Why there is a problem with access to safe drinking water in Tajikistan?

9 months ago Web Desk 0

Sixty percent of all the water resources in Central Asia forms in Tajikistan, however, the half of its population faces many problems related to the access to safe drinking water, says Central Asian Bureau for Analytical Reporting (CABAR).

 

From the whole volume of natural stocks of water Tajikistan reportedly uses only 17-20%.

 

CABAR notes that a vast number of normative legal acts, including 15 programs, action plans and strategies for provision of drinkable water for population were designed and implemented on different stages with some of them being in a process of actual realization. Given all the efforts, provision of safe drinking water for population, however, remains among country’s most important issues.

 

For today only 51.4% of Tajikistan’s population has an access to safe drinking water and good sanitary conditions. This group includes 86.9% of country’s urban population, 61.5% of municipal residents and 43.4% of those who live in rural areas. The remaining 49.6% of Tajikistan’s citizens are in acute risk of not having an access to drinkable water or using sanitarily and hygienically unsafe water.

 

Only 68% of water infrastructure in urban Tajikistan is in working condition, 7% is in partial functionality and 25% has a nonoperational status. In rural areas, 40% of water infrastructure is active, 44% is not fully functioning and 16% is in workless condition.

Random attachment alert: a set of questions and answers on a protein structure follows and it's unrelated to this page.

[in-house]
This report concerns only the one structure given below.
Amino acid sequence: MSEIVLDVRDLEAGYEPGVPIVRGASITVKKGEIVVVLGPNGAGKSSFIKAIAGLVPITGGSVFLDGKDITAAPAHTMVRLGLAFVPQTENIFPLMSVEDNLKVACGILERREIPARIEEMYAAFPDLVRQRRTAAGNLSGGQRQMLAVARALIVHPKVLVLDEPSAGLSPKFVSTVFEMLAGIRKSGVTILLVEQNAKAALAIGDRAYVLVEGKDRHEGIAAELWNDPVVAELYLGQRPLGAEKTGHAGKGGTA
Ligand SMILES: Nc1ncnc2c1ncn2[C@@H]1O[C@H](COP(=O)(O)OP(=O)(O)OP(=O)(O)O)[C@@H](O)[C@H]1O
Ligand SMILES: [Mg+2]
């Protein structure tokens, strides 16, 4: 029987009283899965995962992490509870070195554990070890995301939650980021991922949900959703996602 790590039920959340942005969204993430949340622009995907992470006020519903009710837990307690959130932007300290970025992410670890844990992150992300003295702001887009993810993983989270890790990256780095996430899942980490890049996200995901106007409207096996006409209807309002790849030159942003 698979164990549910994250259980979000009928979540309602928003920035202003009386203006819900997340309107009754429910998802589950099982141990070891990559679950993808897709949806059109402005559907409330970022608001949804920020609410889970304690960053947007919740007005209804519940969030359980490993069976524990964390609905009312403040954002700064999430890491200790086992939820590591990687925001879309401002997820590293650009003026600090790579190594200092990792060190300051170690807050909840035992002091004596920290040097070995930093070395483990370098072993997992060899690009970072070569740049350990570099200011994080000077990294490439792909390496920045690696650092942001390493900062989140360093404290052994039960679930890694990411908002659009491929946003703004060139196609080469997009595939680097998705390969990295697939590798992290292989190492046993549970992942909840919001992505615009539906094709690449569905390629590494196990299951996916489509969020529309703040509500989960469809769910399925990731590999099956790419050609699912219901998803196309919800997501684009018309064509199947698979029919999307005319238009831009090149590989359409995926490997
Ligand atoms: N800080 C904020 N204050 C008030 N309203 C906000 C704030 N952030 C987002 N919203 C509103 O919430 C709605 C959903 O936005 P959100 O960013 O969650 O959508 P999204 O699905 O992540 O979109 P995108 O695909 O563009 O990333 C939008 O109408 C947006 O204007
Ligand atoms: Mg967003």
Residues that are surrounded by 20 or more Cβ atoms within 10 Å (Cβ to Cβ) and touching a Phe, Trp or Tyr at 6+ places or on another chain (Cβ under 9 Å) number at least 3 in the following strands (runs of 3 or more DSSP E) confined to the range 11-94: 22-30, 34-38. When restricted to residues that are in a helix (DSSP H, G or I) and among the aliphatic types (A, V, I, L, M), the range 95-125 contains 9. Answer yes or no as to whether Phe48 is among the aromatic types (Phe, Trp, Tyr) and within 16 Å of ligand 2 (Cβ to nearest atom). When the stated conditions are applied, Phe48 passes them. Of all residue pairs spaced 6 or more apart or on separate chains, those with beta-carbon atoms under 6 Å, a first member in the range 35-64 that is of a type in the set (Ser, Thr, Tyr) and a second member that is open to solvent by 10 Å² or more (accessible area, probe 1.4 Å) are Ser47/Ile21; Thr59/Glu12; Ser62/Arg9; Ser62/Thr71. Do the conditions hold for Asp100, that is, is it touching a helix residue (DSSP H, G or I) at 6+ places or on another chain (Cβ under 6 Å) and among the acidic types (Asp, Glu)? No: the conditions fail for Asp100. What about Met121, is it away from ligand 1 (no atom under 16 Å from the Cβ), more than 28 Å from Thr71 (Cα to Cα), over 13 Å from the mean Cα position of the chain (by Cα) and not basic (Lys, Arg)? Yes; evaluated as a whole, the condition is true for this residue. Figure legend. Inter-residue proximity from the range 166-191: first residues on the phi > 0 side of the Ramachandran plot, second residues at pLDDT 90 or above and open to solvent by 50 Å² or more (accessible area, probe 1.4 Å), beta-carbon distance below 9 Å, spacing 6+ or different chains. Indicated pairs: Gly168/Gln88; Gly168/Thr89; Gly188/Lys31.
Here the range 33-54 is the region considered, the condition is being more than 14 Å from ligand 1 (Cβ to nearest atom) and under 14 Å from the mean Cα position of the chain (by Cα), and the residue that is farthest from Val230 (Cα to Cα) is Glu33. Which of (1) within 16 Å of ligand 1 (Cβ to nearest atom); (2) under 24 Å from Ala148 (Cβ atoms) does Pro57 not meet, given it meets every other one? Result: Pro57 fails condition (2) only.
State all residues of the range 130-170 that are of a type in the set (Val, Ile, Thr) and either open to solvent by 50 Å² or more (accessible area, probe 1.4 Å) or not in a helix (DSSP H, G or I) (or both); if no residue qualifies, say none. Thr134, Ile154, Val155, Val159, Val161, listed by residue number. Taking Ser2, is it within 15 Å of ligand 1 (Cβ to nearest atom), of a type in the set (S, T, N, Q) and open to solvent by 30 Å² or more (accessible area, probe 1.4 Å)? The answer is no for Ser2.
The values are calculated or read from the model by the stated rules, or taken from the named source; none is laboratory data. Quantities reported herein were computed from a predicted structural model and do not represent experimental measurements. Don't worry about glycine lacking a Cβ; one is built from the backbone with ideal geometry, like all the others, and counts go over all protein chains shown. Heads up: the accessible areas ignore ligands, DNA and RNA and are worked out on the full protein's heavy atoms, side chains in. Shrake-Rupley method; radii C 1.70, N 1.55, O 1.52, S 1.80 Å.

The situation with access to safe drinking water in rural areas of Tajikistan is even more problematic. The number of rural population that are exposed to water shortage is two times bigger than in large cities.

 

In particular, districts of Jaihun, Qubodiyon, Nosir-Khusrav, Vose, Abdurahmoni-Jomi, Shahritousand and Vakhsh in Khatlon province as well as Konibodom and Panjakent districts in Sughd province are of the most concern. Population in these regions usually attempt to collect water from ground sources water, which is not necessarily safe. Such situation increases the risk of typhoid fever, diarrhea, cholera and bloody flux among those who use such sources of water.

 

A similar pattern can be observed in the districts subordinate to the center and the Gorno-Badakhshan Autonomous Region (GBAO). GBAO governor Yodgor Faizov stated that even the half population of region center, Khorog, have problems with an access to safe drinking water.

 

Those who do not have a proper access to water reportedly fall back on other ways. Some people buy water from water tank that are brought by trucks to villages and towns lacking safe drinking water. As a rule, a price for one water bearer may fluctuate between 80 and 150 somoni depending on volumes and delivery distance.

 

Others try to fill up their water stocks from distant wells and other water sources using carts moved by horses or donkeys to transport the collected water.

 

In cities, access to drinkable water is also far from perfect. For example, in Dushanbe the majority of multistory buildings water supply is cut off from 11 pm. In dormitories, water is provided only within 2-3 hours twice a day.

 

According to the article, the factors impeding water supplies for the population include rapid population growth, natural disasters and urbanization, and ineffective use of water.

 

Source: Asia Plus